Plant spectra as integrative measures of plant phenotypes

This is a Preprint and has not been peer reviewed. The published version of this Preprint is available: https://doi.org/10.1111/1365-2745.13972. This is version 1 of this Preprint.

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Authors

Shan Kothari, Anna Schweiger

Abstract

1. Spectroscopy at the leaf or canopy scales is becoming one of the core tools of plant functional ecology. Remotely sensed reflectance spectra can allow ecologists to infer plant traits and strategies—and the community- or ecosystem-level processes they correlate with—continuously over unprecedented spatial scales.
2. Because of the complex entanglement of structural and chemical factors that generate spectra, it can be tricky to understand exactly what phenotypic information they contain. We discuss common approaches to estimating plant traits from spectra—radiative transfer models and multivariate empirical models—and elaborate on their strengths and limitations in terms of the causal influences of various traits on the spectrum. Many chemical traits have broad, shallow, and overlapping absorption features, and we suggest that covariance among traits may have an important role in giving empirical models the flexibility to estimate such traits.
3. While trait estimates from reflectance spectra have been used to test ecological hypotheses over the past 20 years, we review a growing body of research that uses spectra directly, without estimating specific traits. By treating positions of species in multidimensional spectral space as analogous to trait space, researchers can infer processes that structure plant communities using the information content of the full spectrum, which may be greater than any standard set of traits. We illustrate this power by showing that co-occurring grassland species are more separable in spectral space than in trait space and that the intrinsic dimensionality of spectral data is comparable to fairly comprehensive trait data sets. Nevertheless, using spectra this way may make it harder to interpret patterns in terms of specific biological processes.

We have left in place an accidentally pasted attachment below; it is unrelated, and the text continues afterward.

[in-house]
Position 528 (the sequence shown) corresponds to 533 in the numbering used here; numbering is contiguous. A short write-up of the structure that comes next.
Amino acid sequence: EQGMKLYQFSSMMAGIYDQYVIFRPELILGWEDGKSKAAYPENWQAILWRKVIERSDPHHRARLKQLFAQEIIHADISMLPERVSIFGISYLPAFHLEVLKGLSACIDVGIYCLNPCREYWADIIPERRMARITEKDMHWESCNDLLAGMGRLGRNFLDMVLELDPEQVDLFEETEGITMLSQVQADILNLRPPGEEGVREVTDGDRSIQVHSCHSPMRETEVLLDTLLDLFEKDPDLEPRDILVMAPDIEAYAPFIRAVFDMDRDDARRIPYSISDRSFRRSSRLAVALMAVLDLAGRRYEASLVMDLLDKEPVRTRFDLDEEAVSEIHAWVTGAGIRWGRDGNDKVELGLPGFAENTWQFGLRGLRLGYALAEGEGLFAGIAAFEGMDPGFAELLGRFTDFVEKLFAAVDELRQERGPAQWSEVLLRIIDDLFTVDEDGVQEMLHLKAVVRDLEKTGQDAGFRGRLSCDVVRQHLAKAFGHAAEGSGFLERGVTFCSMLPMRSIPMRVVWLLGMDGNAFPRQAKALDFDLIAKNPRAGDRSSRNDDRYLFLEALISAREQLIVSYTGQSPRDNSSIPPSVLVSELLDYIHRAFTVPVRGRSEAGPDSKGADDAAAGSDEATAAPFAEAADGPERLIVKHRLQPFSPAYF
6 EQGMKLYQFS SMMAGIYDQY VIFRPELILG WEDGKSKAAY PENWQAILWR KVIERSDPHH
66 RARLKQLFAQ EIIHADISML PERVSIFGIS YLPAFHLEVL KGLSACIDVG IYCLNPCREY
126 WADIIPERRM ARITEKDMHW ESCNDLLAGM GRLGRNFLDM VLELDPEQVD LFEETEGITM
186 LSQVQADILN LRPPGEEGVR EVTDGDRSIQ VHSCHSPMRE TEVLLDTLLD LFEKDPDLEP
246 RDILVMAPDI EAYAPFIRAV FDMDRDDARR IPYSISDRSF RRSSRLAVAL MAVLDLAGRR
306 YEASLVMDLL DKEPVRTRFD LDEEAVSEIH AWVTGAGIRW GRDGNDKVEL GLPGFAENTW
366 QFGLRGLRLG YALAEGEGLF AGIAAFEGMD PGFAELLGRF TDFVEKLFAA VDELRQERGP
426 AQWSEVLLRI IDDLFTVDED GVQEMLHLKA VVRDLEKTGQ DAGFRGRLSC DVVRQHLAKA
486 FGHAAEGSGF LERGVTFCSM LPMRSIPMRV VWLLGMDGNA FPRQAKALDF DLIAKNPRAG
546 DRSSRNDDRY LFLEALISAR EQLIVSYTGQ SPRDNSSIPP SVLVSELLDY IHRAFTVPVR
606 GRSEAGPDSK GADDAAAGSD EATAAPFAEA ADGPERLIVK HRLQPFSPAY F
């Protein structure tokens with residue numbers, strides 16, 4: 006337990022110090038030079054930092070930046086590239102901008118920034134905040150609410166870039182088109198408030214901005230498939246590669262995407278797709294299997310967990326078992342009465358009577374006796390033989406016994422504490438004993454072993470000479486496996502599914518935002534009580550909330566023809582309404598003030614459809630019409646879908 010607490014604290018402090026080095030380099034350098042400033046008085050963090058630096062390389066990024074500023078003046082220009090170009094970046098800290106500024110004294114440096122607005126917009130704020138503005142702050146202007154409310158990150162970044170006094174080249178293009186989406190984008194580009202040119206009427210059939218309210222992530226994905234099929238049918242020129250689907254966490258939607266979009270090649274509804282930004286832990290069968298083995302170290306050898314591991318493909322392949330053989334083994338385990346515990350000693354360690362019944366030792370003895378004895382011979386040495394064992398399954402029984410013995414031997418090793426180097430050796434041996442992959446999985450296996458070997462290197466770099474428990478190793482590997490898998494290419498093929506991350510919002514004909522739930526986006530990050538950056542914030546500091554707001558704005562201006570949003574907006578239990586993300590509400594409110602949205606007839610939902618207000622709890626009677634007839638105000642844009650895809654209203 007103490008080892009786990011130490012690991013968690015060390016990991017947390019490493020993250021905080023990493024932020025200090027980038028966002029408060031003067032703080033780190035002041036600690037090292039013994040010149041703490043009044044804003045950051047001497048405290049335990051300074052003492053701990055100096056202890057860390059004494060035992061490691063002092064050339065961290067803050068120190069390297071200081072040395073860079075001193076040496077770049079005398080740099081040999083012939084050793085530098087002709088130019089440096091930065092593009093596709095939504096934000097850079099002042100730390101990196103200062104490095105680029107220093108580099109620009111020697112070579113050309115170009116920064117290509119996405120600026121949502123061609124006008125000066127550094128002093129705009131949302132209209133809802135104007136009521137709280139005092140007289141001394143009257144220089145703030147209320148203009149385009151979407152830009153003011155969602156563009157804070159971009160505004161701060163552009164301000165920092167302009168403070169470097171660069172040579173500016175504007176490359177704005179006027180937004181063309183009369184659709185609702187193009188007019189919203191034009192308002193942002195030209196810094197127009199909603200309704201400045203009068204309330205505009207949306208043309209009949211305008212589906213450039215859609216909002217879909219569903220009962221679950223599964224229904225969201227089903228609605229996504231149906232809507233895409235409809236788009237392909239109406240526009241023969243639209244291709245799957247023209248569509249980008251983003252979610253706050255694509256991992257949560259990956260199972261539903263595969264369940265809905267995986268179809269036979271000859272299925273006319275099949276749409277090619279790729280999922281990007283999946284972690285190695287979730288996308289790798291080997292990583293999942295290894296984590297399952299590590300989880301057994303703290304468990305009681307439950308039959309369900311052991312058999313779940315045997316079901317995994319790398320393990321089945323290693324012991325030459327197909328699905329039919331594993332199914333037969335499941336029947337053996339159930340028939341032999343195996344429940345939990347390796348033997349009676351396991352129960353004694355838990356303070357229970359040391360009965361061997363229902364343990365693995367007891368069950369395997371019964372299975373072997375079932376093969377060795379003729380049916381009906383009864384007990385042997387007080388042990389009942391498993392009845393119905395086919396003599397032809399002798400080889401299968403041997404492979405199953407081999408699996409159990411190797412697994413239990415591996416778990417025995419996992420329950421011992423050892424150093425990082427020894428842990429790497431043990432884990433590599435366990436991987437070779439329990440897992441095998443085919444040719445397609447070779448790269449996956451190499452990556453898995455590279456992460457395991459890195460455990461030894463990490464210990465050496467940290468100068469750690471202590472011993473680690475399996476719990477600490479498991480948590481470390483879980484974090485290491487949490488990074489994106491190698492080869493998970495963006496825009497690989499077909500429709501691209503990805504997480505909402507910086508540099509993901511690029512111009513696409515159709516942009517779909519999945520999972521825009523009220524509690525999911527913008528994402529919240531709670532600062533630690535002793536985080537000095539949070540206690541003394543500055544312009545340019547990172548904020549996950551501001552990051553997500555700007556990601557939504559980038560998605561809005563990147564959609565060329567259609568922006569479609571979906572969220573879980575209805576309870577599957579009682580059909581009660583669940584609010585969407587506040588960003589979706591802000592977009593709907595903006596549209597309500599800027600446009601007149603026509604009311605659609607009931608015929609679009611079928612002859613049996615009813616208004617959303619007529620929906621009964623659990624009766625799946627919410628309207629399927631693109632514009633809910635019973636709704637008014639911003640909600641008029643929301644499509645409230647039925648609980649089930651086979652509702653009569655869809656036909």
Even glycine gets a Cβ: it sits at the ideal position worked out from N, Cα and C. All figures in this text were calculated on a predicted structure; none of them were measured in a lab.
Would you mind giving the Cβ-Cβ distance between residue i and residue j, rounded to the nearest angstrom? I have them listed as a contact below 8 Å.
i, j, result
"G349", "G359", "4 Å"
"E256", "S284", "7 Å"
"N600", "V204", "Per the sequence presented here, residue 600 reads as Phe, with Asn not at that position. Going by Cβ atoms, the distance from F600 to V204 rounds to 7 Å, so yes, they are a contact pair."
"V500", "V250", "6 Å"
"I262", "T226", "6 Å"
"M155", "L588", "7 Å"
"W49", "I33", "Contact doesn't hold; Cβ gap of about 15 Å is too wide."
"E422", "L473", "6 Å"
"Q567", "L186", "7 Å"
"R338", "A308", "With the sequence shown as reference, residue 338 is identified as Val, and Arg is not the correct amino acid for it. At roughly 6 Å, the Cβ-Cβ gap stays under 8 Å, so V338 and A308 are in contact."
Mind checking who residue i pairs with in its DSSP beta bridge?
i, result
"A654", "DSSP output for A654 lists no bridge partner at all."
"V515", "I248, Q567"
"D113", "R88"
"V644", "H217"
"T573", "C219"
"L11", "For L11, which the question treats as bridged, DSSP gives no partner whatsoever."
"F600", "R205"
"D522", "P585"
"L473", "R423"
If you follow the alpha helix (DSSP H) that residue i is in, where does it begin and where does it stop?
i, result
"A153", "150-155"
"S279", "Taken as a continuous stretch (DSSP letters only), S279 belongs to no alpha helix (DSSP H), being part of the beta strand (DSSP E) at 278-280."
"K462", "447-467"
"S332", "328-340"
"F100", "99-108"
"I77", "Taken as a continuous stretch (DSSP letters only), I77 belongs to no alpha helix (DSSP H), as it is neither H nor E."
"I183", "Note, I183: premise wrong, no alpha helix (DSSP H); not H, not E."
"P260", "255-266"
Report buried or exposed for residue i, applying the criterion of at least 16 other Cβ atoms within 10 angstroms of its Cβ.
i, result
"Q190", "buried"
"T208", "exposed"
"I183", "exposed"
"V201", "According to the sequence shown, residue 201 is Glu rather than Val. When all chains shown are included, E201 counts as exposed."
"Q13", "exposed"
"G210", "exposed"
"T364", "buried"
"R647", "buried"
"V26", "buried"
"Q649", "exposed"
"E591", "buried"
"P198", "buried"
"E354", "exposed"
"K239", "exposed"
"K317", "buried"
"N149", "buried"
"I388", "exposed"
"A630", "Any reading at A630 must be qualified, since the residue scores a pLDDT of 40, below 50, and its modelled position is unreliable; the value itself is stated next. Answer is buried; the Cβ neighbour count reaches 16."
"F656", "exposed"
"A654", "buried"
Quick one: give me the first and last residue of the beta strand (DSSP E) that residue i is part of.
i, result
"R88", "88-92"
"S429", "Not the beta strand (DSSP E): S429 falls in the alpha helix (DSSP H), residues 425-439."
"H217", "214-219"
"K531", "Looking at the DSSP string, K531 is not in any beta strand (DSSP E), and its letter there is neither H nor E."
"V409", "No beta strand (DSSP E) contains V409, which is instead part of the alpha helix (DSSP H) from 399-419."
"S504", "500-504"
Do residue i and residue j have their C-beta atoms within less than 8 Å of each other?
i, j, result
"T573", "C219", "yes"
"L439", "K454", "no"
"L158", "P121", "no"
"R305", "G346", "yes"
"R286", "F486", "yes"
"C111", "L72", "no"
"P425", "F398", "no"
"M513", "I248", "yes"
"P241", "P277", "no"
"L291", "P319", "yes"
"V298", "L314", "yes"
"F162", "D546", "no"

4. Synthesis. Plant spectra integrate many aspects of plant function. The information in the spectrum can be distilled into estimates of specific traits, or the spectrum can be used in its own right. These two approaches may be complementary—the former being most useful when specific traits of interest are known in advance and reliable models exist to estimate them, and the latter being most useful in taking advantage of the information in the full spectrum under uncertainty about which aspects of function matter most.

DOI

https://doi.org/10.32942/osf.io/bfc5t

Subjects

Biodiversity, Ecology and Evolutionary Biology, Life Sciences, Plant Biology, Plant Sciences, Terrestrial and Aquatic Ecology

Keywords

dimensionality, functional ecology, leaf-level, plant traits, remote sensing, spectroscopy

Dates

Published: 2022-03-24 21:44

License

CC-By Attribution-ShareAlike 4.0 International

Additional Metadata

Data and Code Availability Statement:
Some data are available to the public, as described in the Data Availability section. Other data will be released upon publication in a journal.

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